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Tara stood in the near silent hall outside her bedroom. Inside she could hear Willows breathing, slightly laboured as though she were fighting tears. The sound chilled her heart and she fought to suppress her own sadness.
She knew the stifled tears were her doing and the thought that she had caused Willow pain broke her heart more terminally then the bullet that had taken her life.
Knocking gently on the door, she waited patiently for Willow to respond. The silence that filled the small area was deafening and she wanted to scream just to have something to hear.
Knocking again, she leant in towards the solid wood and rested her forehead against the solid door.
“Willow?” she whispered softly, “Can I come in?”
Tara heard Willow on the other side of the door, she sniffed a few times and Tara could almost see her wiping her eyes and nose. Only about six feet away and yet the gap that had opened up between them seemed an unbridgeable chasm.
“Come in.” Willows voice sounded much like Tara recalled herself sounding like when she had first met the redhead. Small, timid and meek but mainly lost and alone and Tara swallowed the bile that burnt the back of her throat.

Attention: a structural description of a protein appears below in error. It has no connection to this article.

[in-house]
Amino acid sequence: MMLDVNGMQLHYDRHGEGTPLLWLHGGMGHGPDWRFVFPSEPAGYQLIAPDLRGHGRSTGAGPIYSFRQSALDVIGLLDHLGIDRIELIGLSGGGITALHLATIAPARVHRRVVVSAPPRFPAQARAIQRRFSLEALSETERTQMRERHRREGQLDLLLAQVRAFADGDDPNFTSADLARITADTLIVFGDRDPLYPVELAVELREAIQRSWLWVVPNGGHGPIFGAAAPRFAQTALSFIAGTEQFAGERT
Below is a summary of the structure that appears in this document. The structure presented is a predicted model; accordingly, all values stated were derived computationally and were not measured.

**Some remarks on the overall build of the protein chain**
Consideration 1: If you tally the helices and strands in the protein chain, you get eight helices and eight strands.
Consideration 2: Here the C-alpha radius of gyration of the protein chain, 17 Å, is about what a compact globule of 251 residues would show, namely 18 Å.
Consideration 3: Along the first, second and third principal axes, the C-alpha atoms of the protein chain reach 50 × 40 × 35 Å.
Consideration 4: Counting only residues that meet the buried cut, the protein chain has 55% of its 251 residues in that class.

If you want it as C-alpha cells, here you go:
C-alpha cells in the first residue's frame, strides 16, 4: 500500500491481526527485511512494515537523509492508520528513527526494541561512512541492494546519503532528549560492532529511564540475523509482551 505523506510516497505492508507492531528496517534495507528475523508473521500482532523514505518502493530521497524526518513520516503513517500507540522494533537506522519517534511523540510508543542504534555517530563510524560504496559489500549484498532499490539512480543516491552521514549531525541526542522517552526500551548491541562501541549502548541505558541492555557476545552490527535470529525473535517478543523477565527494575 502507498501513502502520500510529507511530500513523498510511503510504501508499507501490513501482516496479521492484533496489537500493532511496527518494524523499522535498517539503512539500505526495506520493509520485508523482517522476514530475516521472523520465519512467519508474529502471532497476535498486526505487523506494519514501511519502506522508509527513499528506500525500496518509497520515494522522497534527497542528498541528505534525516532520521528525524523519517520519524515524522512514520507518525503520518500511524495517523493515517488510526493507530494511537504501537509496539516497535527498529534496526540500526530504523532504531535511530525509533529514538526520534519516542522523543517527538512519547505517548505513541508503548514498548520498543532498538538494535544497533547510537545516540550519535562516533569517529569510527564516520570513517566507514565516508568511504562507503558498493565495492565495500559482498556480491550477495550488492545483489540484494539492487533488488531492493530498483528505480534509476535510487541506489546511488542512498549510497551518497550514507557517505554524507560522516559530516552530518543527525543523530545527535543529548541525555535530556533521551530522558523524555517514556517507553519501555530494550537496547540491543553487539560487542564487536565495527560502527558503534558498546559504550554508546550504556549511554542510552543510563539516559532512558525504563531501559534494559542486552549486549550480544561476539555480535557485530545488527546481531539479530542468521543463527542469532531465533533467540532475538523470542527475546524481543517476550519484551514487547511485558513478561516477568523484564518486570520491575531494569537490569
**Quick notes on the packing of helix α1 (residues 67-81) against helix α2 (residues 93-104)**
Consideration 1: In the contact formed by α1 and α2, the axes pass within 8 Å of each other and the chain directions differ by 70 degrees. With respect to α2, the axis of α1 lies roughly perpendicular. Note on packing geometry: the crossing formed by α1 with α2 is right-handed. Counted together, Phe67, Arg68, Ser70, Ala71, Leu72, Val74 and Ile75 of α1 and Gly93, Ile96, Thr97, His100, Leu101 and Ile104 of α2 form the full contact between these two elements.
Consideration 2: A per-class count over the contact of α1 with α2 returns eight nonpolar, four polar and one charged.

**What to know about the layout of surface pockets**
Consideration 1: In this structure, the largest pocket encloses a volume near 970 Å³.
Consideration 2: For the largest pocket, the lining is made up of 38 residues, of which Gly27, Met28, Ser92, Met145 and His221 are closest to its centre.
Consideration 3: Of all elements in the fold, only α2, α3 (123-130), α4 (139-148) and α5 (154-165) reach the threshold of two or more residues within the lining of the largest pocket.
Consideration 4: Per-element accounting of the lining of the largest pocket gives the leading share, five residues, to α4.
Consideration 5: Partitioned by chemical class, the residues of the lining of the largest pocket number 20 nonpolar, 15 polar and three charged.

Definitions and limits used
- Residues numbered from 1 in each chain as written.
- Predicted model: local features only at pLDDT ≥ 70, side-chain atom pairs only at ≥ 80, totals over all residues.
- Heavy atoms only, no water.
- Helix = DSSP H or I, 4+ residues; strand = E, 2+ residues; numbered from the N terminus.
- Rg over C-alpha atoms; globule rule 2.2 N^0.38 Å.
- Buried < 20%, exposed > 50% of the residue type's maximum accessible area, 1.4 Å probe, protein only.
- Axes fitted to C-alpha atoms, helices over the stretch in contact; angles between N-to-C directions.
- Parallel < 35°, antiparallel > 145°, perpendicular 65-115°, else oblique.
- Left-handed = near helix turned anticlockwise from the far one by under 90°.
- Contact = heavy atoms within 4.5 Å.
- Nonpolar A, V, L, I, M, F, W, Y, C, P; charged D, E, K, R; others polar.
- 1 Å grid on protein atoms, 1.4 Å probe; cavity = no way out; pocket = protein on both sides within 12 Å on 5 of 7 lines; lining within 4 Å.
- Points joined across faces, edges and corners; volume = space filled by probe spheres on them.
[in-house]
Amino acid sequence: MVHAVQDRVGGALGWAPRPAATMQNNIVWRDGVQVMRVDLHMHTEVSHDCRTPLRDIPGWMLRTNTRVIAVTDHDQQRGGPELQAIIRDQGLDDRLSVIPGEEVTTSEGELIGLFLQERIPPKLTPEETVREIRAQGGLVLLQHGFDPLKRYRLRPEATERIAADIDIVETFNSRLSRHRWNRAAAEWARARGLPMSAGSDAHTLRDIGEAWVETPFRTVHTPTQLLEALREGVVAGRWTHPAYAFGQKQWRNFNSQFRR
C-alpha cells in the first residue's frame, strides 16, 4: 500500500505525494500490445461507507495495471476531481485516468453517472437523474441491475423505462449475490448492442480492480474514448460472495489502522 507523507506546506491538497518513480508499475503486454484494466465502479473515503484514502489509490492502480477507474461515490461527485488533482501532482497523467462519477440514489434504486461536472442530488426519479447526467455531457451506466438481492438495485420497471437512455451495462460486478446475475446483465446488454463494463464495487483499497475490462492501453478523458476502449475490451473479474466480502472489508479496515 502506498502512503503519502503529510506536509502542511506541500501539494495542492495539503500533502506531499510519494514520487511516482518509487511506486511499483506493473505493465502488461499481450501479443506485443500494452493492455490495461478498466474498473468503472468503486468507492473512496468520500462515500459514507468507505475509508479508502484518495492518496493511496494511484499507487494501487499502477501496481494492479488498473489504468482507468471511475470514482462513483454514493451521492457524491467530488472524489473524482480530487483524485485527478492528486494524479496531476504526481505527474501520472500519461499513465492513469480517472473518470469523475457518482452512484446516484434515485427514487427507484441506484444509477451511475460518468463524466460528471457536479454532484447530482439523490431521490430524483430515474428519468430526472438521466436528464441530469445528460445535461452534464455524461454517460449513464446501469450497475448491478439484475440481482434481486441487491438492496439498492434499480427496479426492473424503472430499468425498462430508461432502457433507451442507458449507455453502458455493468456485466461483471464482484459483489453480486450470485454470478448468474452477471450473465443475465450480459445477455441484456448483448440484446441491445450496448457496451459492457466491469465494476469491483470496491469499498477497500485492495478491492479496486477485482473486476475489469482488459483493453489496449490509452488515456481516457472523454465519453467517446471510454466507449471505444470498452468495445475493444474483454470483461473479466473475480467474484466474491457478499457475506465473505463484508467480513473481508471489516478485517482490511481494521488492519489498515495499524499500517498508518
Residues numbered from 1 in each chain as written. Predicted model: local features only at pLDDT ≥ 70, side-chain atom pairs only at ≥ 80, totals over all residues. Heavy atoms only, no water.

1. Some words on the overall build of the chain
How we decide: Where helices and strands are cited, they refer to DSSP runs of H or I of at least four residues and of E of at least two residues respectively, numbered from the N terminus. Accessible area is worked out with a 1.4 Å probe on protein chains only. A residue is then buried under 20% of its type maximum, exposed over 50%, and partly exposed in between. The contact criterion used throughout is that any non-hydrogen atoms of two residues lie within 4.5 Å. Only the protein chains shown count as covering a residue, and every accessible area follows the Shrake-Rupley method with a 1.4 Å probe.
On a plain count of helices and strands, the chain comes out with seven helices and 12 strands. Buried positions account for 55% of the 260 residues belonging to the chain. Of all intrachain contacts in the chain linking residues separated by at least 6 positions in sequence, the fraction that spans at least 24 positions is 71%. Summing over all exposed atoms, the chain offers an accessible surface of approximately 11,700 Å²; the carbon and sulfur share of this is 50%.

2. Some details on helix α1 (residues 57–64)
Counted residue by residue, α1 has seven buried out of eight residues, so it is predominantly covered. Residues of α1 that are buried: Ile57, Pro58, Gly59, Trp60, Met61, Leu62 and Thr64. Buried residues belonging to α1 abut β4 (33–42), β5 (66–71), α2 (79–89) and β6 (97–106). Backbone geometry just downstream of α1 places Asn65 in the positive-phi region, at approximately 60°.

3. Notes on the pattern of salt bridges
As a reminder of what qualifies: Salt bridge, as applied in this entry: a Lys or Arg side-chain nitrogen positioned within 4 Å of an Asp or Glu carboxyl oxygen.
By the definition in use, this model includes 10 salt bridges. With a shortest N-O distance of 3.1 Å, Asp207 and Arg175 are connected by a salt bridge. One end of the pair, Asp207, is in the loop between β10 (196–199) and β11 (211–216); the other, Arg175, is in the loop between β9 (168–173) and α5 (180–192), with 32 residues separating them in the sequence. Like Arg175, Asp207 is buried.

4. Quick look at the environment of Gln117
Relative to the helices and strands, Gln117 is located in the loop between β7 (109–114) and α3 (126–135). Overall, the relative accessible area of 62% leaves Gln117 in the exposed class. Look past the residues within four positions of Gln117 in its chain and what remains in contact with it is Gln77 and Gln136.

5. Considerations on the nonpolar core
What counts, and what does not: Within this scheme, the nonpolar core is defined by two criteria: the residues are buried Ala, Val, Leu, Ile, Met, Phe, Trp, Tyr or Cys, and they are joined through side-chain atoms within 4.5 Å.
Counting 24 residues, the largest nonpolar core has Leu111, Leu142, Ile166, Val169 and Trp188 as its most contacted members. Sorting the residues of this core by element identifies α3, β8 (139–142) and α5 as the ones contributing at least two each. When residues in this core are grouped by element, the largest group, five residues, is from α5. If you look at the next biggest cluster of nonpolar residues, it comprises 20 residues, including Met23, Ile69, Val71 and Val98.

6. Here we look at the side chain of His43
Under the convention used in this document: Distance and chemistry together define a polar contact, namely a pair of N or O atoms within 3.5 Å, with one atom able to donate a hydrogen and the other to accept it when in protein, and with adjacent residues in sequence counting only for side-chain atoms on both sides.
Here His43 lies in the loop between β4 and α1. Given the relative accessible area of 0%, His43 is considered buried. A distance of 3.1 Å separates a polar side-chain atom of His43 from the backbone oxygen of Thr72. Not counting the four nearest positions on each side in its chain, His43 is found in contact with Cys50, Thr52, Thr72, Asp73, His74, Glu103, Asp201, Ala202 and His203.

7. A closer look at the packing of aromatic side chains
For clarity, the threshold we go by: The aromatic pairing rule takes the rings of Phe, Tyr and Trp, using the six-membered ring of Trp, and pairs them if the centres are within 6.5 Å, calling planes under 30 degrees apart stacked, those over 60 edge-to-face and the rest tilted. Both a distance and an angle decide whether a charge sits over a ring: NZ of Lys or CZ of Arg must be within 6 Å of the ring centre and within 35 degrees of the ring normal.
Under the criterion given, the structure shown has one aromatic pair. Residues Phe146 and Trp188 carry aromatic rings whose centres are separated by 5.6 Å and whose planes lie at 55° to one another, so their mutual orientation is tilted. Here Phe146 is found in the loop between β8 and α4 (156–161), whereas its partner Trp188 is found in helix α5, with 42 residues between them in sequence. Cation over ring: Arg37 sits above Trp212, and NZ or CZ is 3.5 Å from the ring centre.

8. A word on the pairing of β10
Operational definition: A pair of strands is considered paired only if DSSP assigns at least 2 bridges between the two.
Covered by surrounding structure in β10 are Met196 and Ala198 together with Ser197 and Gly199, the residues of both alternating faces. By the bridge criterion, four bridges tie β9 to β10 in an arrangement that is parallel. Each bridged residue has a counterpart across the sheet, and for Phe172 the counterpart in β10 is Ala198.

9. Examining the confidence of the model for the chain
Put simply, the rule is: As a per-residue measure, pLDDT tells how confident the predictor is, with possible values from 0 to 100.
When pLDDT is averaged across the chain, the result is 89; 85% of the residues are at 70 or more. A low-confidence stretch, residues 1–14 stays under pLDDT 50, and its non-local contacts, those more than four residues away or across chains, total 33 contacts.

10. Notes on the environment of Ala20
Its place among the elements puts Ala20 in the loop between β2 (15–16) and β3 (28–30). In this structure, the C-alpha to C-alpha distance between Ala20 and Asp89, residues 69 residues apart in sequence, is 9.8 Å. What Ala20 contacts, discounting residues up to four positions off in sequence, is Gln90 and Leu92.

Pushing open the door, she stepped into the room and it felt as though it had shrunk in size. Willow sat on the bed, her eyes darted past Tara as she entered and Tara knew that look immediately. It had been the exact same one she herself had used hundreds of times in her past. Willow was planning an escape if she so needed one.
“I’ll go!” Tara said, turning before she had really properly entered.
Tara closed her eyes, even now Willow had the power to stop her with nothing but a word. She wondered momentarily how it was that one whispered word could freeze her in her tracks and yet, when it really mattered, she couldn’t reign in her anger.
Tara turned and faced the redhead, forcing her eyes to meet those of her love.
“Why Tara?” she asked, despite the hushed volume, her words hit Tara as hard as if she’d yelled them at the top of her lungs.
Tara shook her head softly. “I….” she didn’t know, it was that simple. The one question in the world that she needed to know the answer to and she couldn’t even hazard a guess.